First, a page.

Gabon Country Report
The country continues to struggle with a legacy of bureaucracy, red tape, and corruption. Labour costs remain high and employers repeatedly complain of a lack of well-qualified personnel, while strikes are becoming more frequent over unpaid salaries, lack of jobs and the high cost of living. An extensive civil service austerity programme introduced in June 2018 remains likely to provoke major strike action by unions, disrupting much of government business. Corruption trials featuring former ministers are politically motivated and do not indicate reducing risks for investors. An ingrained culture of high-level graft means funds continue to be siphoned off from major expenditure, despite Gabon's surging debt levels.
Domestic terrorism had historically been non-existent in Gabon until a knife attack on two Danish journalists at a Libreville market in December 2017. This is highly likely to remain an isolated incident, with no evidence of outside support for the lone perpetrator. The presence of a French army base in Libreville improves security capabilities beyond local capacities in the event of any developing threat. The only substantial source of concern is piracy in the Gulf of Guinea. A reported incident took place off Libreville in August 2018, the first for more than four years, but there are grounds to doubt its authenticity.
Gabon enjoys stable relationships with neighbouring countries and war risks are minimal. The presence of French forces is a deterrent to any acts of aggression by neighbours. Risks are diminishing further due to Gabon’s integration in the Central African regional African Union standby brigade, and increasing security co-operation with neighbours. Civil war risks are moderate despite simmering resentment over the grip on power enjoyed by the Bongo family and its Téké clan. This was underlined by the lack of public and security force response to an appeal on 7 January 2019 by coup plotters to join them in unseating the then absent convalescent president Ali Bongo.
Vaccinations required to enter the country
Proof of vaccination against yellow fever is required if traveling from a country with risk of yellow fever (YFV) transmission and over one year of age.
Hepatitis A: A vaccine is available for anyone over one year of age. The vaccine may not be effective for certain people, e.g. those born before 1945 and who lived as a child in a developing country and/or have a past history of jaundice (icterus). These people can instead get a shot of immune globulin (IG) to boost their immunity against the disease.
Hepatitis B: A vaccine is available for children at least two months old.
Diphtheria-Tetanus-Polio: A booster shot should be administered if necessary (once every ten years).
Typhoid Fever: If your travels take you to regions with poor sanitary conditions (for children two years old and up).
Rabies: For prolonged stays in an isolated region (for children from when they can walk).
Malaria: Recommended preventive medication - mefloquine (sometimes marketed as Lariam) or doxycycline (sometimes marketed as Vibramycin).
For Children: All standard childhood immunizations should be up-to-date. In the case of a long stay, the BCG vaccine is recommended for children over one month and the MMR (measles-mumps-rubella) vaccine for children over nine months.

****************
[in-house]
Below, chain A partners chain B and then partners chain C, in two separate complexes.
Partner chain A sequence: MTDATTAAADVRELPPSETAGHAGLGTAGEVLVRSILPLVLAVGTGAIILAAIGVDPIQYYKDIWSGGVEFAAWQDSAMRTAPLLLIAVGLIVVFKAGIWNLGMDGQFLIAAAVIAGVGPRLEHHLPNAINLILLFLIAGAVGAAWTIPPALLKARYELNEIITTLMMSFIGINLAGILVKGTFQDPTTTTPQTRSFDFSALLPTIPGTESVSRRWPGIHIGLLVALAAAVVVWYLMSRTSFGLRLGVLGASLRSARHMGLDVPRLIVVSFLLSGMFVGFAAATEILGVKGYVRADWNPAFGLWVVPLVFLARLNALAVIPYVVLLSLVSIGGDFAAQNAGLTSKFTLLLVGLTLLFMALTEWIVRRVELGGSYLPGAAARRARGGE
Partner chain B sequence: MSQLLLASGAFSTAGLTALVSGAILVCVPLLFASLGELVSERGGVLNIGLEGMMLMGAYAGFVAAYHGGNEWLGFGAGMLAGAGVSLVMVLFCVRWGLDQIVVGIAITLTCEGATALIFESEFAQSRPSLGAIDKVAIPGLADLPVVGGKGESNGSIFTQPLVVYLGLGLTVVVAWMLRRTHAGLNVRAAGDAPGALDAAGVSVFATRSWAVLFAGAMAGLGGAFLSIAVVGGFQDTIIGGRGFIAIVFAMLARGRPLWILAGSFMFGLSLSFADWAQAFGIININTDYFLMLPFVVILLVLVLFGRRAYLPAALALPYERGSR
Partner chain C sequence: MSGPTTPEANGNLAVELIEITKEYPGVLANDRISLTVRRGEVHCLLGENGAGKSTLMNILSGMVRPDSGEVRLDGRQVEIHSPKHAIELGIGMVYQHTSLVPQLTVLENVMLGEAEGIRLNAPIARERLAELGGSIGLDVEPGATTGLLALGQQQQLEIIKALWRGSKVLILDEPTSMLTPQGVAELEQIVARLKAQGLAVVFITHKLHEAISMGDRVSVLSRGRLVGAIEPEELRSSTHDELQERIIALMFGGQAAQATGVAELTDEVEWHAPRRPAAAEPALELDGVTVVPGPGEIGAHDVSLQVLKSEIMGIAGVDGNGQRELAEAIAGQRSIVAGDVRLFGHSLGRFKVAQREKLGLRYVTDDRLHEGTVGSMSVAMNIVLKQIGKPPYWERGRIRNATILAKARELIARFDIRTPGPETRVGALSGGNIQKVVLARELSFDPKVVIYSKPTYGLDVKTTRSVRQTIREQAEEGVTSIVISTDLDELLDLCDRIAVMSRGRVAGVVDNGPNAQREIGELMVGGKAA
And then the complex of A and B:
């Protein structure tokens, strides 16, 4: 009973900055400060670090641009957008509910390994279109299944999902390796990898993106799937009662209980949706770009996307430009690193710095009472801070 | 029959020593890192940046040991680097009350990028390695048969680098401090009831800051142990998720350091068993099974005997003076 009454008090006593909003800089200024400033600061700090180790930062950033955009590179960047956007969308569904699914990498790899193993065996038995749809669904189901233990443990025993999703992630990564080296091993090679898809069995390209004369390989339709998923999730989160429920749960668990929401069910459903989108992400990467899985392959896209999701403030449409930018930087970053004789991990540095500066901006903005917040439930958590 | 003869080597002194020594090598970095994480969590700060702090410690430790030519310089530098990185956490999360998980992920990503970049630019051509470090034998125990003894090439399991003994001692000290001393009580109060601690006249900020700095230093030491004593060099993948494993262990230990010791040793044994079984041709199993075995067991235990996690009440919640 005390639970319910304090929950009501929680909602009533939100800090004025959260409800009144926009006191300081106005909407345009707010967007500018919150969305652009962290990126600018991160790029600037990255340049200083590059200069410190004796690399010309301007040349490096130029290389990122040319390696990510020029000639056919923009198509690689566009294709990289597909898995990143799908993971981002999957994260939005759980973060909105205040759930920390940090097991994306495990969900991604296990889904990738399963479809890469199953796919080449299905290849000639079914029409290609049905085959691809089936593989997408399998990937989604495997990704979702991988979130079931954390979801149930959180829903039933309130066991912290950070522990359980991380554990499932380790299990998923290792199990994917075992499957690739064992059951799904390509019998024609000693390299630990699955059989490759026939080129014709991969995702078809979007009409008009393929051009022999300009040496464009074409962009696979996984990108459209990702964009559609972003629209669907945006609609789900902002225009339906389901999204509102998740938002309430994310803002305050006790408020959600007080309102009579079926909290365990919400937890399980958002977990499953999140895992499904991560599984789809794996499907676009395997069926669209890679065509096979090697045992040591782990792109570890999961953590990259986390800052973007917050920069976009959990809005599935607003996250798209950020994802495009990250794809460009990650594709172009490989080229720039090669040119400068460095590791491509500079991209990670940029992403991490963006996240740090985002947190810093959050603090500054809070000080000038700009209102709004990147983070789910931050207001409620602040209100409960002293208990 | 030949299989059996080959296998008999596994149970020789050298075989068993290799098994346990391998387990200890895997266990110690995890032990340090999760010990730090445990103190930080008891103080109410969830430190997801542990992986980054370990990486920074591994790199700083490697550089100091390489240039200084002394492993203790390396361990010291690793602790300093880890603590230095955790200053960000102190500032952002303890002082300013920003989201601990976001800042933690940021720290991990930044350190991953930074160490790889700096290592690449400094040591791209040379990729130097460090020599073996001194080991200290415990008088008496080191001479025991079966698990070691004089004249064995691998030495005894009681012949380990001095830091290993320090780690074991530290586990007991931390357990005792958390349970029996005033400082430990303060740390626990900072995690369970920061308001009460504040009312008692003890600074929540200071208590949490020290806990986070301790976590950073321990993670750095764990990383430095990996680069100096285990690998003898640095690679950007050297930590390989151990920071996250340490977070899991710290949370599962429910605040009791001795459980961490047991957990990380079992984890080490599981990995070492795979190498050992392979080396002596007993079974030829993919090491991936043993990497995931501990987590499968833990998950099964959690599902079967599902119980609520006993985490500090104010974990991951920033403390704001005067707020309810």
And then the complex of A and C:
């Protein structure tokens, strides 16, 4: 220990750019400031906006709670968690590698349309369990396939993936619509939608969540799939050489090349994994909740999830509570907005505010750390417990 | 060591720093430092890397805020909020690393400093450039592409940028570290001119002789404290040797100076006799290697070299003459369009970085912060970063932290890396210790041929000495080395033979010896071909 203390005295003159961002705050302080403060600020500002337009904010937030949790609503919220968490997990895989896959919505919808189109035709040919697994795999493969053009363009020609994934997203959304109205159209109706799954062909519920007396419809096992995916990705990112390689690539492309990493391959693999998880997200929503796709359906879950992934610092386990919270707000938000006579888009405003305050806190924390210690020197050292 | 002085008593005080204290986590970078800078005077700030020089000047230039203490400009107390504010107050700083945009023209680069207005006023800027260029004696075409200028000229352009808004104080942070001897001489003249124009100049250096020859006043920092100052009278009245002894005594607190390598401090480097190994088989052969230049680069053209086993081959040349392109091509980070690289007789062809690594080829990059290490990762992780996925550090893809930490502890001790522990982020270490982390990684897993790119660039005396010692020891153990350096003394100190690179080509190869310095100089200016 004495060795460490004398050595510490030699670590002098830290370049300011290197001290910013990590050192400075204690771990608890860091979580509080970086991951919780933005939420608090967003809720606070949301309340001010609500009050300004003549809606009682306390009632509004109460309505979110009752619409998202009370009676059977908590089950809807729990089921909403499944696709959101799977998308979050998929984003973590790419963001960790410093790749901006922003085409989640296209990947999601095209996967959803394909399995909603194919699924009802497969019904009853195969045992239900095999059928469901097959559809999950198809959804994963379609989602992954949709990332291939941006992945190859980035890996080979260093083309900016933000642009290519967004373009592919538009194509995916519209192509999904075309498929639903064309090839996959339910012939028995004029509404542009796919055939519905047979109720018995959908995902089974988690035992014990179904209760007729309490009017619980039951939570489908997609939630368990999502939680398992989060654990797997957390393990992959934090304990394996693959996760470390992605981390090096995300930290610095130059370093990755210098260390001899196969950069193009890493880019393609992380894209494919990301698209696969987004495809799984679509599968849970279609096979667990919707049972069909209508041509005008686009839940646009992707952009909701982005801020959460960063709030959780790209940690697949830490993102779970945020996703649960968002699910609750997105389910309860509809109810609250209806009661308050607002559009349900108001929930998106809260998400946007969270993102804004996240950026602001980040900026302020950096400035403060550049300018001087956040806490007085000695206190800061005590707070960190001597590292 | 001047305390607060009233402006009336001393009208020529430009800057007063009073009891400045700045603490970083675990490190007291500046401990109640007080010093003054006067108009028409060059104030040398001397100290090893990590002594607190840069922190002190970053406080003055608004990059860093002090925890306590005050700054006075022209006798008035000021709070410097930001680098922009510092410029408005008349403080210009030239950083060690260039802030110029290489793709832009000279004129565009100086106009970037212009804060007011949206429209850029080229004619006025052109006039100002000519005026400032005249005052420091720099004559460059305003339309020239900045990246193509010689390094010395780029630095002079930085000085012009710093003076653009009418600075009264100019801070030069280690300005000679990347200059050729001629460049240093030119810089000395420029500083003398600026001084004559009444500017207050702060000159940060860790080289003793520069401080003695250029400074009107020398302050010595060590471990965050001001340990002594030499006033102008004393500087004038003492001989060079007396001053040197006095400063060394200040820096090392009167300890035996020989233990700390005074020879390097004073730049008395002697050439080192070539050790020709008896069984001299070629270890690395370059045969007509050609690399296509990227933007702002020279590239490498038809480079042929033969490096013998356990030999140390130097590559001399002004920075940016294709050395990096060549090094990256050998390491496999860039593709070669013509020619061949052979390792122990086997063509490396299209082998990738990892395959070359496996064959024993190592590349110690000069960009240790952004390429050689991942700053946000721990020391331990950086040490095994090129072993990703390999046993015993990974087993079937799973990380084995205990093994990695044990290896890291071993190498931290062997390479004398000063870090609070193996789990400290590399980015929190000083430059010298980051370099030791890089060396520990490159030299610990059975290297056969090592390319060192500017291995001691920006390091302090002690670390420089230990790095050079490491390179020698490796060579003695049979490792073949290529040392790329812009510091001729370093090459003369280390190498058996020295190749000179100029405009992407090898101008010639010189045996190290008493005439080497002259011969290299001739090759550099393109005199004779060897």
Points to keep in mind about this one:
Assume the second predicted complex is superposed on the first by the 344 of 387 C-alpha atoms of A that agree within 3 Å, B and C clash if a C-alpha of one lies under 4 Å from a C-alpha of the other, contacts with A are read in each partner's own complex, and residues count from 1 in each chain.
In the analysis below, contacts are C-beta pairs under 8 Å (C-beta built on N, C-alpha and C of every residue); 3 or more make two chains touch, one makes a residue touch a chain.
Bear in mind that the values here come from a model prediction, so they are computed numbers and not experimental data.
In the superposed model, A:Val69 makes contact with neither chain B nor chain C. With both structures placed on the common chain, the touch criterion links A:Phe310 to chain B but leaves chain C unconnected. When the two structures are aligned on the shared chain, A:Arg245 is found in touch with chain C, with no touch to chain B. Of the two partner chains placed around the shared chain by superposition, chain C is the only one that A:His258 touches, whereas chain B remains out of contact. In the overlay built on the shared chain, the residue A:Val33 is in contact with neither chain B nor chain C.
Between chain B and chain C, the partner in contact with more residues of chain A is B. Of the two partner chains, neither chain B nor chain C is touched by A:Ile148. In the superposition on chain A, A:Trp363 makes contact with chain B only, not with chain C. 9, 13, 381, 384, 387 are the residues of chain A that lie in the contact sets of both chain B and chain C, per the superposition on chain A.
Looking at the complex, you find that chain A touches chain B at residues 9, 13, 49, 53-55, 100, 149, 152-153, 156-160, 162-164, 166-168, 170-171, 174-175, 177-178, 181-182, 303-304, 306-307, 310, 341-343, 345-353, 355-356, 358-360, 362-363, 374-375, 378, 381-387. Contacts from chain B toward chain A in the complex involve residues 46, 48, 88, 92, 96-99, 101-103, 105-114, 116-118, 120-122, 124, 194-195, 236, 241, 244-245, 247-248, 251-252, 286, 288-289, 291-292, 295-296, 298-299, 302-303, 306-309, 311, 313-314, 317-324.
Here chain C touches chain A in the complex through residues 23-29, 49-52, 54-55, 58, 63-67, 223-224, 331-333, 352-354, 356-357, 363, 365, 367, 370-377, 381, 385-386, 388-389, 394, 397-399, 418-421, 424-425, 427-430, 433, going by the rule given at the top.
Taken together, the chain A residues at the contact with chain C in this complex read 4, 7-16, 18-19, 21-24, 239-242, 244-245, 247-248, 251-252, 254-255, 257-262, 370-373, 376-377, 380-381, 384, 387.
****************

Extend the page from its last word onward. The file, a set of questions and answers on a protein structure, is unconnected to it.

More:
During the rainy season (October to December and February to April), torrential rainfall can cause significant material damages, including in Libreville.
Except for Libreville and Port Gentil, where roads are paved but poorly maintained, road infrastructure throughout the country is limited and in poor condition. During the rainy season (October to December and February to April), driving conditions are often hazardous, rendering driving impossible on some roads. In general, roads have little or no lighting. There is also a risk from dangerous driving habits (speeding, uncertain driving, untimely overruns, etc.).
Outside major cities, all travel should be conducted during the day with an all-terrain vehicle (4x4) stocked with adequate supplies of water, food, and fuel. It is also advised to ensure that the vehicle contains mechanical spare parts (wheels, cables, etc.) and has effective means of telecommunication.
In the event of a traffic accident, it is recommended to immediately travel to the nearest police station due to the risk of potentially hostile reactions from local drivers and the public.
It is important to stop at any roadblocks erected by the security forces, both in cities and in rural areas, and be prepared to present necessary documentation (e.g. passport, visa, car registration details, etc.).
Public transportation (e.g. minibuses) should be avoided due to drivers' risky behaviors and the vehicles poor maintenance. Never hail taxis on the street.
Several local airlines serve various cities of the country. However, some are on the list of airlines banned from operating in the European Union (the so-called blacklist).
Gabon's climate is equatorial, hot, and very humid. The country experiences a rainy season from October until December and then a second, more intense rainy season from February until April. The long dry seasons last from May until September and the short dry season from December until January. Temperatures are high all year long (usually between 23°C and 26°C), going as low as 18°C (July) and as high as 35°C (April). The country also receives between 2 and 4 meters of rainfall annually.
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